UN urges government to review the omnibus bill and protocol, saying they criminalize protest

The special rapporteurs expressed their concern over the Ministry of Security resolution and proposed legal reforms criminalizing protest. They called on the Argentine State to comply with international human rights standards.

United Nations special rapporteurs examined the protocol criminalizing protests and the reforms within the Omnibus bill on this matter to assess their compatibility with international human rights law. These expert mechanisms conveyed a message to the Argentine government, pointing out that the implementation of these measures goes against the State’s international obligations.

The UN’s response was prompted by a complaint filed by Argentine labor unions, trade, social, political and human rights organizations. The complaint cautioned that these measures pose serious risks to the protection of fundamental democratic rights in Argentina. It also highlighted that the executive power has taken additional intimidating measures, such as charging trade union and social organizations for the costs of police operations, an obligation that rests with the State.

In a letter addressed to the Argentine government, the rapporteurs analyzed the resolutions and the draft law in terms of compatibility with international law and Argentina’s international commitments. They pointed out that it is the State’s duty to ensure the exercise of assembly and other rights during demonstrations.

The letter was signed by the Special Rapporteurs on the promotion and protection of the right to freedom of opinion and expression; on the rights to freedom of peaceful assembly and of association; and on the situation of human rights defenders.

On Resolution 943/2023: protocol for maintaining public order in the event of road closures

The UN views the implementation of this protocol as involving the criminalization of social protest through the use of criminal law. The report underscores that while restrictions on freedom of movement may occur, this does not diminish the protection afforded to the right to protest. The rapporteurs assert that the interruption of vehicular or pedestrian traffic does not constitute violence, and this circumstance does not warrant the intervention of security forces. They emphasize that the primary obligation of these forces during a protest is not to control or restore order but to safeguard and facilitate peaceful demonstrations. Furthermore, they clarify that dispersal is authorized only in exceptional cases.

The UN underscores that the Human Rights Committee has determined that “assemblies involve a legitimate use of public spaces and other places, and, given their inherent nature, may cause some level of disruption to normal activities. Such disturbances should be allowed unless they impose a disproportionate burden, in which case authorities must be able to justify the restrictions in detail.” Additionally, it asserts that by imposing these directives, the executive branch is contravening the separation of powers and encroaching upon powers exclusive to the judiciary.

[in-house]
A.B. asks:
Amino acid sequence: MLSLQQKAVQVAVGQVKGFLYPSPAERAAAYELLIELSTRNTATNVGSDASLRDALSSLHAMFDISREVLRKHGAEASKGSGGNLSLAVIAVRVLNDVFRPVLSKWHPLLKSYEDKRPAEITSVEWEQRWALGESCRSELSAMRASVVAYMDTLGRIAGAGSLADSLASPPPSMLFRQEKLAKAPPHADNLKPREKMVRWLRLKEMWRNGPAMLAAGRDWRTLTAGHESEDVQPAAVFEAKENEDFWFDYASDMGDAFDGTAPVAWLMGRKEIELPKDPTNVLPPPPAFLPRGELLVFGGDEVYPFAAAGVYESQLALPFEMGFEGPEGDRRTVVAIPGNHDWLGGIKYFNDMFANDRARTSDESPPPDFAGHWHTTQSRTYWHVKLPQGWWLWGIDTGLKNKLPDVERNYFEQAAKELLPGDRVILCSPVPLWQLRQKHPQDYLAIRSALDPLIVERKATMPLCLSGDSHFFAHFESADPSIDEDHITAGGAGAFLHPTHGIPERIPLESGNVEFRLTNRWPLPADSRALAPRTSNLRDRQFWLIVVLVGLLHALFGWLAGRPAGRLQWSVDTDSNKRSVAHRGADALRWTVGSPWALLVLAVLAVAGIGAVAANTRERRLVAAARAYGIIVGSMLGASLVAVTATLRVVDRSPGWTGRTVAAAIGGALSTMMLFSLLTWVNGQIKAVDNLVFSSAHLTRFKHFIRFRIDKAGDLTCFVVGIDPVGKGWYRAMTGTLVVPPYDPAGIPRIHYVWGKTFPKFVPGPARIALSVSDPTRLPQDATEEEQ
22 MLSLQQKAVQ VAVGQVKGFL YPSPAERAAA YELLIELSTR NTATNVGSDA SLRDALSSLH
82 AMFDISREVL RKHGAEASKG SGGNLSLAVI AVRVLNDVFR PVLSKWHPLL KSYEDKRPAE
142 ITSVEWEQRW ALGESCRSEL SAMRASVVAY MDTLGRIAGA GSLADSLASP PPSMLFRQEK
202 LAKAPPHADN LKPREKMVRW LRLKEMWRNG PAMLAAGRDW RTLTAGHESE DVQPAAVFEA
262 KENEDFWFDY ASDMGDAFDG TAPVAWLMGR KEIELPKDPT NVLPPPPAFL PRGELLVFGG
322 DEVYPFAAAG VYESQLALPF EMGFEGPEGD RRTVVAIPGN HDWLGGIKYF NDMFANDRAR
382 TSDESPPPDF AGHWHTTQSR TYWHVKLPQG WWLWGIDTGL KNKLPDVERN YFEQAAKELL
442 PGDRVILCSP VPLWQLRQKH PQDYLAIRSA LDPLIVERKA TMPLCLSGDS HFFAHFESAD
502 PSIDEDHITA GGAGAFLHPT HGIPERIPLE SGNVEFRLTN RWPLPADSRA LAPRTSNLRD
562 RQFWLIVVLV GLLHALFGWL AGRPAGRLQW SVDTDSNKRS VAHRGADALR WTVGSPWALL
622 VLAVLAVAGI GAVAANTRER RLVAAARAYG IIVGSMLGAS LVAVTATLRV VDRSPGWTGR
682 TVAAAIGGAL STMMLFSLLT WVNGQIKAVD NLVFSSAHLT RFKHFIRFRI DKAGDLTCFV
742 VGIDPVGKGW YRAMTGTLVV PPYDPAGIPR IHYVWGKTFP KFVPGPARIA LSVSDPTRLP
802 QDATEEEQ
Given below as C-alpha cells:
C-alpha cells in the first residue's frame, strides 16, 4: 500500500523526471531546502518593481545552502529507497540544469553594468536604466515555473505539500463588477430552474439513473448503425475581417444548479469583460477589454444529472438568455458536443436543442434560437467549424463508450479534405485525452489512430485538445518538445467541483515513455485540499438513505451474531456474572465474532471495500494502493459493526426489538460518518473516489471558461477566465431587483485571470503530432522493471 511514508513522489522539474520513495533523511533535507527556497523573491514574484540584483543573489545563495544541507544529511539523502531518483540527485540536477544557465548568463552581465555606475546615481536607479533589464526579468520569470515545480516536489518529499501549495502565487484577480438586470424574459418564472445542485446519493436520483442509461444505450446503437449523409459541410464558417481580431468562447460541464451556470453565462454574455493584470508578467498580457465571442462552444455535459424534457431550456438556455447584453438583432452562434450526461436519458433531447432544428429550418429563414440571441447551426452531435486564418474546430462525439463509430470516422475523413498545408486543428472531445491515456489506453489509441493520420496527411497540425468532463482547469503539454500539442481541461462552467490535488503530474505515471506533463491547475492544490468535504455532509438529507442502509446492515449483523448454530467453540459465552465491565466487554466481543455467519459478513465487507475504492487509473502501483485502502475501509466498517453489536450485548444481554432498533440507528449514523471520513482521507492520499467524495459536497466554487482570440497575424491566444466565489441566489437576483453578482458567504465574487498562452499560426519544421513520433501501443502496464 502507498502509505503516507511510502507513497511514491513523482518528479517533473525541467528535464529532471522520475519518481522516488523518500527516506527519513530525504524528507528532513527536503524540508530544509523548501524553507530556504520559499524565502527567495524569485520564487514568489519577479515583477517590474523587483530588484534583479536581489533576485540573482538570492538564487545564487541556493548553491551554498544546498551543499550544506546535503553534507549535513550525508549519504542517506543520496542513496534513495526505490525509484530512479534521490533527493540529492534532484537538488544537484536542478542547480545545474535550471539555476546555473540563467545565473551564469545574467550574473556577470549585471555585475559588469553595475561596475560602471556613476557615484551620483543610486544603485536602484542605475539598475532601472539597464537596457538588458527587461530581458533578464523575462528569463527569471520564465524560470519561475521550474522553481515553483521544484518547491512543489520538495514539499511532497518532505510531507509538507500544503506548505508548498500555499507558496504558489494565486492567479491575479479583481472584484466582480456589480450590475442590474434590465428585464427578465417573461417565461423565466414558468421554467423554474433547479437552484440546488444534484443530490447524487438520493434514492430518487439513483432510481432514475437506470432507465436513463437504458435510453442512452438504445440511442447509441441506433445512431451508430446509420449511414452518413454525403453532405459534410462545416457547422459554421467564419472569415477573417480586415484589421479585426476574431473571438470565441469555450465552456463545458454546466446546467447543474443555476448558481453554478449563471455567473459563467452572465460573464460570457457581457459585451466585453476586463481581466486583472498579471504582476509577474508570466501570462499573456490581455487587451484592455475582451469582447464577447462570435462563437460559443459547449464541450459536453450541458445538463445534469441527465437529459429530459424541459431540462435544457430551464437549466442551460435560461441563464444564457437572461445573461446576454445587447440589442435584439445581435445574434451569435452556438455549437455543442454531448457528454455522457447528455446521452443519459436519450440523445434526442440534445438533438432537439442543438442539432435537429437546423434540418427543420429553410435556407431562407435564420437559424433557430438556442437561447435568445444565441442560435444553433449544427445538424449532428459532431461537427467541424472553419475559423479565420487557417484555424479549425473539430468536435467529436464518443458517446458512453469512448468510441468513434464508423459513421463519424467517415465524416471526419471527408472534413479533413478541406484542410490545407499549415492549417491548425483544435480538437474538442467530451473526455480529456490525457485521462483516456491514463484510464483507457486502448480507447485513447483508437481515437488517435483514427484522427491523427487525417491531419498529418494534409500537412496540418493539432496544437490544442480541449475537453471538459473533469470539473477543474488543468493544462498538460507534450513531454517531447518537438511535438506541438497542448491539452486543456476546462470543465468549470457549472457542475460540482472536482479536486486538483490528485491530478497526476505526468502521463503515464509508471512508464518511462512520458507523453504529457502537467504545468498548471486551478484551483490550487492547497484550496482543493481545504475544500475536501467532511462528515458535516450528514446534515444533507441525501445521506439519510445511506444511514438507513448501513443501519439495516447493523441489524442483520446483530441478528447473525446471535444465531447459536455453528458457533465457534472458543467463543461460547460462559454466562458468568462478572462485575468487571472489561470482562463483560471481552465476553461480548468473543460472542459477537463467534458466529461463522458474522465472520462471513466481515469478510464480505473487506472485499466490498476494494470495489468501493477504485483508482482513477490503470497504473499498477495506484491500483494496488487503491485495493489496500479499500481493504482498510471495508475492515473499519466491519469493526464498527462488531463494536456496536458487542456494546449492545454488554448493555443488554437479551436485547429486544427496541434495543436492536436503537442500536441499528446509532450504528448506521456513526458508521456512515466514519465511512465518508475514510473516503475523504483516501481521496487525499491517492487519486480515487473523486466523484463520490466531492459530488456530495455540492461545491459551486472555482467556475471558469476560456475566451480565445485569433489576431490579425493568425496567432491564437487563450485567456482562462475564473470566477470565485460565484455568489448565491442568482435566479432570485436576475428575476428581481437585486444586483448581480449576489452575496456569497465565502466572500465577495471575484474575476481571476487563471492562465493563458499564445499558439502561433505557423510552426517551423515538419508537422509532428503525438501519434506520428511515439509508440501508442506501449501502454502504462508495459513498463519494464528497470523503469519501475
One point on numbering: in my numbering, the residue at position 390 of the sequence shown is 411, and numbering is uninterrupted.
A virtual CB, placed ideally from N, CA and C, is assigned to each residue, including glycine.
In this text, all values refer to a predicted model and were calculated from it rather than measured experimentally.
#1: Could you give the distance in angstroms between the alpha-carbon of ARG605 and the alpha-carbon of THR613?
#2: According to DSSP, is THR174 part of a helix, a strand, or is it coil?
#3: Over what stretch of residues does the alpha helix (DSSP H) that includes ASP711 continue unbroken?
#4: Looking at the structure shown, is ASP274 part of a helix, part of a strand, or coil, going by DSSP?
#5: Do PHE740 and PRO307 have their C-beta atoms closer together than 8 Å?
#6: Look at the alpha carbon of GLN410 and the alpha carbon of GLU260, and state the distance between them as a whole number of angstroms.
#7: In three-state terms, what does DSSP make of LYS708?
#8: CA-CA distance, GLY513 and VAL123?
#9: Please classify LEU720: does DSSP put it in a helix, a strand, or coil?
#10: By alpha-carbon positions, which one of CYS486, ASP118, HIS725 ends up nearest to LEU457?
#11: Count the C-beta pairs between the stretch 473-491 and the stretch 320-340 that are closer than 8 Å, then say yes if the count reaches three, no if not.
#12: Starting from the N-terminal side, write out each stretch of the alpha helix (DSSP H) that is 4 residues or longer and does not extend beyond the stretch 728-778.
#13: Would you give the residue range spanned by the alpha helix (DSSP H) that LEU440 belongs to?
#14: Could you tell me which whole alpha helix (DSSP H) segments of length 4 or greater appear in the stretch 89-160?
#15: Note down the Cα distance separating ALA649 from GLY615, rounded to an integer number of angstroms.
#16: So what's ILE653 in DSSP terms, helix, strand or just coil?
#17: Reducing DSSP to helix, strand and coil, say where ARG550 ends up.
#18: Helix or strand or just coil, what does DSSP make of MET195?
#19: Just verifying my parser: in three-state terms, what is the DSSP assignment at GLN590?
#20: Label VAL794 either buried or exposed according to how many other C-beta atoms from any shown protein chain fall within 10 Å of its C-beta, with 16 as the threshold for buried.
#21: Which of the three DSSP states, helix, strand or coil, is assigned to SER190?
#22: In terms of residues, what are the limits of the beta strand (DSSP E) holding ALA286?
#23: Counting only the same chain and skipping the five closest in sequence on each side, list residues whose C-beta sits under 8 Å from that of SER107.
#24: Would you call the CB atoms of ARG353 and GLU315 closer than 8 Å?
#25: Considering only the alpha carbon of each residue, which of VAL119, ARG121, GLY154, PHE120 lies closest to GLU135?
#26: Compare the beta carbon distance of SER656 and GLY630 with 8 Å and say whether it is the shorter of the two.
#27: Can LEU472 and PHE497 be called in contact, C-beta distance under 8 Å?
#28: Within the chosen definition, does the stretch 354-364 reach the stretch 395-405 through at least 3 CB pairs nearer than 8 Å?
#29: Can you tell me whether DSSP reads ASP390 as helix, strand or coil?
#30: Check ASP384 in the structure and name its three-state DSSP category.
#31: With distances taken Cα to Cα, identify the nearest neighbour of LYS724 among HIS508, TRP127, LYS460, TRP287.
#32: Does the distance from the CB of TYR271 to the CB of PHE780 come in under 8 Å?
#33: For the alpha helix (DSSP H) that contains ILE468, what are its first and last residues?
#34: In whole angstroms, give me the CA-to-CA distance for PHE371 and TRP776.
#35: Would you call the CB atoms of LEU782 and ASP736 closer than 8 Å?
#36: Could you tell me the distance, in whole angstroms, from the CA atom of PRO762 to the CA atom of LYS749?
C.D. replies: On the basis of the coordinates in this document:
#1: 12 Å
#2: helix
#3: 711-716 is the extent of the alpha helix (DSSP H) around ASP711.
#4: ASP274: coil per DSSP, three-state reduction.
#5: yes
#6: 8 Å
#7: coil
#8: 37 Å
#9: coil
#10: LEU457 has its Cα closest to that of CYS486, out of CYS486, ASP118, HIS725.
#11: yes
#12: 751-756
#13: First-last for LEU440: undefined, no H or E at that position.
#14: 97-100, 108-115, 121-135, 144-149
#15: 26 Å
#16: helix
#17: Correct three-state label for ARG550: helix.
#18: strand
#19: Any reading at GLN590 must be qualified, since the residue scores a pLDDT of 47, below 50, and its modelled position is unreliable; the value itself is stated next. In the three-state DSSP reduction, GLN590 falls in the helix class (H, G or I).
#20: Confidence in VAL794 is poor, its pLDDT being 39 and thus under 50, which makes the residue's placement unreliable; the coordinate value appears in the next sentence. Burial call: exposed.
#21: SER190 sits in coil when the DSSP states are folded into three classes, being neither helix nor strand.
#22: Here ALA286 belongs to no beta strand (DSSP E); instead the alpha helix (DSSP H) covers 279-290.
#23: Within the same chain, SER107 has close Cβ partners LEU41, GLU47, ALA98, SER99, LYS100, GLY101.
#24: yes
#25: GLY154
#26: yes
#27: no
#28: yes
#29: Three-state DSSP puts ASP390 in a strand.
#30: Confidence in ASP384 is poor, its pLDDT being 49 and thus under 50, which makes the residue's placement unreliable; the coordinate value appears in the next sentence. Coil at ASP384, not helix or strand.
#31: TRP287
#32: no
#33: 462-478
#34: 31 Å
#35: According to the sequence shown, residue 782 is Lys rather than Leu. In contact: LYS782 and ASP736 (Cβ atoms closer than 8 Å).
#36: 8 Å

On Resolution 949/2023

In the report, the rapporteurs state that, as a general rule, holding organizers of a march responsible for a security operation is incompatible. Such a practice is only legal in exceptional circumstances not addressed by the resolution.

On the limitations to the right to protest in the Omnibus Bill

In their analysis, the rapporteurs highlight that the proposed amendment to Article 194 of the Criminal Code represents a clear attempt to criminalize the exercise of the right to peaceful assembly. Additionally, they point out that Article 328 of the bill seeks to hold organizations accountable for damages that demonstrators might cause, potentially constituting a restriction on the right to assembly.

Moreover, the UN emphasizes that requiring organizers to request State authorization to hold a demonstration is contrary to international law. While a notification system may be designed to facilitate the protection of assembly and the organization of movement, it should not de facto serve as an authorization or be employed to hinder the exercise of this right by imposing difficult-to-meet requirements, such as limiting the duration and estimated number of participants.